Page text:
Saint Bernard Dogs
The earliest records of Saint Bernards date back to 1707 from the Monks of Saint Bernard Pass Hospice between Switzerland and Italy. The breed probably originated from Roman Molossian dogs, but soon became renowned for it's life saving abilities. They were used for to help pull carts and turn spits, but the monks soon realised they had a built in ability to find paths through deep snow and find lost travellers. Interestingly, the monks didn't train the dogs in rescue techniques, younger dogs simply learnt from the older ones.
Saint Bernards are devoted to their family and excellent with children. They seem to know how children act and treat them carefully and respectfully, even moving out of the way to avoid knocking them over. They are very gentle, patient dogs who are very playful and hyper as puppies, but placid and calm adults. As with all large breeds, training should be started young and be consistent. They aren't the easiest breed to train and can be stubborn, but do learn and need to keep their brains active. Training should be assertive to prevent the dog taking over. These are friendly dogs, if well socialised but if not can cause problems. They are usually fine with other dogs and pets if introduced early on. They need daily walks, more to keep their minds alert, more than their bodies; they can be quite lazy and will often not want to go out. Preferring to sleep on your sofa or bed. They are not at all aggressive, but their size alone is usually enough to deter intruders. They make a good watch dog and will bark when strangers approach. They are protective of their family and can sometimes become overly protective, so that needs to be watched. A tall fence is recommended to avoid escapees.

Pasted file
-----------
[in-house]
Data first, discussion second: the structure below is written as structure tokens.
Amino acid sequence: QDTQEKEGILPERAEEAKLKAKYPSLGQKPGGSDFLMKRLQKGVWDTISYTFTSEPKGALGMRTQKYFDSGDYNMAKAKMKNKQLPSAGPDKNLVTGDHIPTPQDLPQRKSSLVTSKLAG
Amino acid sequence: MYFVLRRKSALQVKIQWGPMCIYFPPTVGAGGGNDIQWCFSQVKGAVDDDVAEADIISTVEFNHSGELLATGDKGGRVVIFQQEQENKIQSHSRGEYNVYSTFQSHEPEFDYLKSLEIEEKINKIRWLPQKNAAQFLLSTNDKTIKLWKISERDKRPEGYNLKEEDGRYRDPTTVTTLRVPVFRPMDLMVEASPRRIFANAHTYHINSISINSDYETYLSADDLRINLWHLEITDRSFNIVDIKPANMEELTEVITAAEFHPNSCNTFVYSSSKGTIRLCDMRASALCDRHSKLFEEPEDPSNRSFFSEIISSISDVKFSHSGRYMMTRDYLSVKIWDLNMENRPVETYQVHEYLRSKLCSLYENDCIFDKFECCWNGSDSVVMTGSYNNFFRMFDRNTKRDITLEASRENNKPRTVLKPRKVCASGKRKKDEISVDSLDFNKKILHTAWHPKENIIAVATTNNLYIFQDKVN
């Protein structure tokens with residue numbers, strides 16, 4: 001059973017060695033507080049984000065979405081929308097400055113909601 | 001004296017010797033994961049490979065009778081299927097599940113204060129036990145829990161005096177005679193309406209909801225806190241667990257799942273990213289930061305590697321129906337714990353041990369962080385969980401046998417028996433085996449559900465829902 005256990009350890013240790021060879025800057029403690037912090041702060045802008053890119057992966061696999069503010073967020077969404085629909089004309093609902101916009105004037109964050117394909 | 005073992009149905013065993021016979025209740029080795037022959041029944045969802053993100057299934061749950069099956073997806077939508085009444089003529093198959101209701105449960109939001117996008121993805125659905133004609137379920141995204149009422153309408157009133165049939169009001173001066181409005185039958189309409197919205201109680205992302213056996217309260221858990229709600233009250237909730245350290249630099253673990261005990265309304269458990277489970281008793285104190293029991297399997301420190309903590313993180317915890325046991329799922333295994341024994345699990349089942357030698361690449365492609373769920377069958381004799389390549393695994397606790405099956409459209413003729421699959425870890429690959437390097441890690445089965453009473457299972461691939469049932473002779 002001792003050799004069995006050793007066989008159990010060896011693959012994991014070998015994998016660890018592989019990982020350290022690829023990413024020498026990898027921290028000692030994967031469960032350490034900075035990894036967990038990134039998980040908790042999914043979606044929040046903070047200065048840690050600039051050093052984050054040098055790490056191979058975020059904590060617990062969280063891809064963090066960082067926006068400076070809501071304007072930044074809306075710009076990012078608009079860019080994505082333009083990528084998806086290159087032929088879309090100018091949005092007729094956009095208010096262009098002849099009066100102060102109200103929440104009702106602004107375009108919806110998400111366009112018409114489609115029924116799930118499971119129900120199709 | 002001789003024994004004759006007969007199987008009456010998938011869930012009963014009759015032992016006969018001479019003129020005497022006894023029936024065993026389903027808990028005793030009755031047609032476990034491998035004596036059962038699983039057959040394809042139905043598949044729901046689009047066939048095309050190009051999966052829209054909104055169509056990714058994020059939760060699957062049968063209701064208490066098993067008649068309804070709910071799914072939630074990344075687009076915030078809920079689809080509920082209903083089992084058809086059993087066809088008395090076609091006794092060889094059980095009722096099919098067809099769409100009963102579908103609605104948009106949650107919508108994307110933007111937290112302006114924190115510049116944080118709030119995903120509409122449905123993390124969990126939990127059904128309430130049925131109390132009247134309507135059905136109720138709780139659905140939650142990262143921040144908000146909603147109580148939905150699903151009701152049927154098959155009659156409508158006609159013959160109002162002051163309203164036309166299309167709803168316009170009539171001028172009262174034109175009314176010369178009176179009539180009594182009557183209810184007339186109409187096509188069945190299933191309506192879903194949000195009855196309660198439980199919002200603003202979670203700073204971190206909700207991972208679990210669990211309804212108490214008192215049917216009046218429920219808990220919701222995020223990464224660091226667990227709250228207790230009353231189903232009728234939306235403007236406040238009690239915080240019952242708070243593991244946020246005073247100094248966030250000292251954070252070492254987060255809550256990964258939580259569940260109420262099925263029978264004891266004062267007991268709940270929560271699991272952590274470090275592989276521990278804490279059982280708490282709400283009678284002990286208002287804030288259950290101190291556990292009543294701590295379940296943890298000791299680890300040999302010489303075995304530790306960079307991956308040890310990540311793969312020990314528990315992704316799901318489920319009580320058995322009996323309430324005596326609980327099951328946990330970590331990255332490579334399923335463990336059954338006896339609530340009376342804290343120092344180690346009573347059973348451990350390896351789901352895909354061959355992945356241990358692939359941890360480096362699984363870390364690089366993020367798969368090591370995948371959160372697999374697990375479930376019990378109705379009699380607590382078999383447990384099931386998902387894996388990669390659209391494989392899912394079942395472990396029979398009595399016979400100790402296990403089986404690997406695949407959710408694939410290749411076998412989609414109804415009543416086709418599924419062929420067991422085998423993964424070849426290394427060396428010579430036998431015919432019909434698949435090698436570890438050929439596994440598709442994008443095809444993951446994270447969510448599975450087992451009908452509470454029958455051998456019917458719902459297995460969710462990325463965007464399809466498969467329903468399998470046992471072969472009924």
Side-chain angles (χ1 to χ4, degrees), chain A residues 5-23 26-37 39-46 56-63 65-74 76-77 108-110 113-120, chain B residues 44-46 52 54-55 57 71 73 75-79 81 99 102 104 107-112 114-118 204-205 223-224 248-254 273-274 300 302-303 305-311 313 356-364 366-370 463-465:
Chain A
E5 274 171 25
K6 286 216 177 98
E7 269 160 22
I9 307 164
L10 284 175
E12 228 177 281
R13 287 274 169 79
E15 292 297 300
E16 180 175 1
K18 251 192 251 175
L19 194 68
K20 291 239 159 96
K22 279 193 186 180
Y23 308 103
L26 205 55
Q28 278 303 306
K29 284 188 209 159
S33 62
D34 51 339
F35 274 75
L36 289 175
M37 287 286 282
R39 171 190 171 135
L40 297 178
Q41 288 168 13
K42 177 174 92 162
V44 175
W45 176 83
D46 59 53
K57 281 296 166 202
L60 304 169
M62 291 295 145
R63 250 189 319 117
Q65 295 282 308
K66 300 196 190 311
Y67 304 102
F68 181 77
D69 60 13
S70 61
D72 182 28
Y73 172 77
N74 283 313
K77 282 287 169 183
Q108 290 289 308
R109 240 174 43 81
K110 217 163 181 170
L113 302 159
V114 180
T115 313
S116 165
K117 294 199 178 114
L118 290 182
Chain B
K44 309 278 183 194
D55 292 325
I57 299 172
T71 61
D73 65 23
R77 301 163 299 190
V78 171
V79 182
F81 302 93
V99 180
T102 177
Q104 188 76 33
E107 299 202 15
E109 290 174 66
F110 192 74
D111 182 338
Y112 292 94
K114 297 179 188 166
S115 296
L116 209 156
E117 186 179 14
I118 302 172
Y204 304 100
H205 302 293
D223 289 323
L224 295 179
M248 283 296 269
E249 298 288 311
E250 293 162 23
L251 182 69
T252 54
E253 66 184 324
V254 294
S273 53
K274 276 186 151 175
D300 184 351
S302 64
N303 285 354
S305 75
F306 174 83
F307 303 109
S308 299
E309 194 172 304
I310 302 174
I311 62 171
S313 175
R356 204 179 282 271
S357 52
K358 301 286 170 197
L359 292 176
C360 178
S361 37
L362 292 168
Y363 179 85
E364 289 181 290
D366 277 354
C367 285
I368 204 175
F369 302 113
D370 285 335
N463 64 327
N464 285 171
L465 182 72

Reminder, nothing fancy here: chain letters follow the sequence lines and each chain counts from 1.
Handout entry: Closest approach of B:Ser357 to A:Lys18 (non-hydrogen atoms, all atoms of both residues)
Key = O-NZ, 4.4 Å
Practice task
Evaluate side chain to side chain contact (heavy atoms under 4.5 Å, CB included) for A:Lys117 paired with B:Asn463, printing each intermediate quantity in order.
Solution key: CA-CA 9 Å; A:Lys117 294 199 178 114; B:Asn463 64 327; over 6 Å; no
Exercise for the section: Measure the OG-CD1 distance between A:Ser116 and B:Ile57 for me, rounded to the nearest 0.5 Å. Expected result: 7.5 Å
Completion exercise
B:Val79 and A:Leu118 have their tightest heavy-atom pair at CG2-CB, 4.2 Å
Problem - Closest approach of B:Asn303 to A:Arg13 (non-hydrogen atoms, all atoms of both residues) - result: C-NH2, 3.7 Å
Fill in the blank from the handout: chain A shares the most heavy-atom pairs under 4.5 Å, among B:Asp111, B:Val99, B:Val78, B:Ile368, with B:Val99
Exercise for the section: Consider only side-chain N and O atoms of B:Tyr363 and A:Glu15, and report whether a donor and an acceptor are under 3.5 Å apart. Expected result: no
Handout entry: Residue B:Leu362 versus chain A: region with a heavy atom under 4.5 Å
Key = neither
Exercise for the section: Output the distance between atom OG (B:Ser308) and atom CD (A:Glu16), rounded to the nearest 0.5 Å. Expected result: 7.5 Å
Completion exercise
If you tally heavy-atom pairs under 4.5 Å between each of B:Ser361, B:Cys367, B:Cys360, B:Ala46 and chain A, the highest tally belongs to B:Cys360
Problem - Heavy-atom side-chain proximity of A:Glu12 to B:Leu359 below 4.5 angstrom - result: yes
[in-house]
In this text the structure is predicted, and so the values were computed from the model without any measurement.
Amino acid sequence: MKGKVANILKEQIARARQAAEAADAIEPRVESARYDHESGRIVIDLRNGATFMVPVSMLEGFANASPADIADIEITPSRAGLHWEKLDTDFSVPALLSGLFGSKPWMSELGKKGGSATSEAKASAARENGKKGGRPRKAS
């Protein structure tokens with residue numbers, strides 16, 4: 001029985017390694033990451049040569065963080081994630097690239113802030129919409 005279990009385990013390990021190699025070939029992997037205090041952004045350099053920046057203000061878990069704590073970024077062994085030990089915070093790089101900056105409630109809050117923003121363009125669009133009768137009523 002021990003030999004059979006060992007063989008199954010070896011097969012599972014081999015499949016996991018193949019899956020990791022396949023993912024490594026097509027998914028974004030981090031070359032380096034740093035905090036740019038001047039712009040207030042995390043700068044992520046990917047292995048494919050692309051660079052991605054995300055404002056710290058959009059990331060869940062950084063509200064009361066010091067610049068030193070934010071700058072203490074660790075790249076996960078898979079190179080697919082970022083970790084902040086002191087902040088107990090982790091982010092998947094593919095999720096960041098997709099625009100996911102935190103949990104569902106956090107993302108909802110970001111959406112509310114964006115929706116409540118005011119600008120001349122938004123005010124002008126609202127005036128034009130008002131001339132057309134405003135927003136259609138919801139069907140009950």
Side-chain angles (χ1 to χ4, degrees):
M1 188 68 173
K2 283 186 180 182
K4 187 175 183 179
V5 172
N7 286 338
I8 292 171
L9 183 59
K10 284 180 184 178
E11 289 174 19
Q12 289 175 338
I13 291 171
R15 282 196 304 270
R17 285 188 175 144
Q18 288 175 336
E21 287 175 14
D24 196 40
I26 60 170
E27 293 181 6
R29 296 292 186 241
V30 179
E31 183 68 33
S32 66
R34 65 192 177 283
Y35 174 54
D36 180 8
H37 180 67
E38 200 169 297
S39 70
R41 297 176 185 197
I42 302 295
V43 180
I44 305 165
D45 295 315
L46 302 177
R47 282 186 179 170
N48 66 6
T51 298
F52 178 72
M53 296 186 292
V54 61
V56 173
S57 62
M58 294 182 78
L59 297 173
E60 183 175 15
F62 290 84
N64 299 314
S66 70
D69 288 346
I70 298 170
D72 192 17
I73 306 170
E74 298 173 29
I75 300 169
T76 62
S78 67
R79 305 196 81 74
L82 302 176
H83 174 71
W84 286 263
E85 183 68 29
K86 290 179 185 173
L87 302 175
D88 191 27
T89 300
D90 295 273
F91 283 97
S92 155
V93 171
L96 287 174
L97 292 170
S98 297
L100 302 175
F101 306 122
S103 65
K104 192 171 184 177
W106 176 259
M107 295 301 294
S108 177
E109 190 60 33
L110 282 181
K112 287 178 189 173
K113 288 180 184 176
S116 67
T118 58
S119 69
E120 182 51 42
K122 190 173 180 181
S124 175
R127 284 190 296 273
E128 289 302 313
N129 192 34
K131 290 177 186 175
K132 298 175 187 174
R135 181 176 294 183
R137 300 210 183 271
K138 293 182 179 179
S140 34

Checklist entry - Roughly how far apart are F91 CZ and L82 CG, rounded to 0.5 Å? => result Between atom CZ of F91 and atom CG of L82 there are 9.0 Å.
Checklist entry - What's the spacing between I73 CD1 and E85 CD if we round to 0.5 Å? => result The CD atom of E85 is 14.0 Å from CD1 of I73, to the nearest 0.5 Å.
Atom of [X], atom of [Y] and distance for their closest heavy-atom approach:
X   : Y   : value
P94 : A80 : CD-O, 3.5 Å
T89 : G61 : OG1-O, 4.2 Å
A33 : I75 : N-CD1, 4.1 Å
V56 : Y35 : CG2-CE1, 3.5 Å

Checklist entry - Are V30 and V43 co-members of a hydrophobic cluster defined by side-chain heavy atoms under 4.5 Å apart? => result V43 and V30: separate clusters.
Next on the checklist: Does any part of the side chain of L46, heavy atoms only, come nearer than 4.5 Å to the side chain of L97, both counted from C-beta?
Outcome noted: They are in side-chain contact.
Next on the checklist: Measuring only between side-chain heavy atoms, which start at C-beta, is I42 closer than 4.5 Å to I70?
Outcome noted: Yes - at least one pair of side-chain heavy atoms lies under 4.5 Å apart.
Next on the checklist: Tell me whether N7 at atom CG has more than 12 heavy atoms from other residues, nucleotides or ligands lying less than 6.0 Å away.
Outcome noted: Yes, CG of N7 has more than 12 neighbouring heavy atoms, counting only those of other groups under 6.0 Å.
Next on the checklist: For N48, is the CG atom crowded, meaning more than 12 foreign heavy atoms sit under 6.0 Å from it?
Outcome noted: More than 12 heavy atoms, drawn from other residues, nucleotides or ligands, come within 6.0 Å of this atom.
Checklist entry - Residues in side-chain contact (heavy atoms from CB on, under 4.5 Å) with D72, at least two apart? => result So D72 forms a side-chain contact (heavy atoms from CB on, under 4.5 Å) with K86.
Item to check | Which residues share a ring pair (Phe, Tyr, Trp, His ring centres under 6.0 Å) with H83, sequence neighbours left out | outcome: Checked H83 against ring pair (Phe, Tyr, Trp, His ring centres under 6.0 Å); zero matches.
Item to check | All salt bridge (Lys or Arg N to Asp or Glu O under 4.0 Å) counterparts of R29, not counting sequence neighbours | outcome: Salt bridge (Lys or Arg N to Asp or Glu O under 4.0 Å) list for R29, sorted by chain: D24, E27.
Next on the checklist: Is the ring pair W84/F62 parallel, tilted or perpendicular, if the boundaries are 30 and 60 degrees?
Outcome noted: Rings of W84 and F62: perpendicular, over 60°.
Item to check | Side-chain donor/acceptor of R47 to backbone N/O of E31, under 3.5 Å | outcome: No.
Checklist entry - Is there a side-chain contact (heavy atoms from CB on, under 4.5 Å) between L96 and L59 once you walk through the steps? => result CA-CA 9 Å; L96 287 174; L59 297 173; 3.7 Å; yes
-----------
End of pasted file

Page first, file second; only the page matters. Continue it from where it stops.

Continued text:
Their coat can get quite long and they do require a fair amount of grooming, brushing at least 3 times a week. Saint Bernards can overheat quite quickly in the summer, so need somewhere cooler to sleep during the day. They do drool, a lot and continuously. Health wise, they can be affected by Canine Hip Dysplasia. Due to their very fast growth rate, it is important to feed a balanced quality feed when they are growing up to prevent problems down the line.
Saint Bernards have a steadfast and easygoing temperament. These are very large, powerful dogs who are patient and loving of their family. They tend to have a lazy side and owners must encourage them to get their daily exercise in to stay fit and healthy. Saint Bernards love companionship and will often lean against you or sit on your feet. Generally they are chilled out in terms of meeting new people or other dogs but don't expect them to be particularly playful.
Health problems that may affect Saint Bernards include canine hip dysplasia (CHD), elbow dysplasia, luxating patella (dislocation of the knee cap), other orthopedic disease, epilepsy, bloat, cancer, allergies, blood clotting disease and eye problems.
- Status: Common
- Life Expectancy: 8 - 10 years
- Weight: 64 - 120 kg
- Height: 28 - 35"
- Rare: No
- Coat: Short
- Grooming Requirements: More than once per week
- Town or Country: Either
- Minimum Home Size: Large House
- Minimum Garden Size: Small to Medium Garden
- Breed Type: Working Dog
- Size: Giant
- Energy Level: Low
- Exercise Required: Up to 1 hour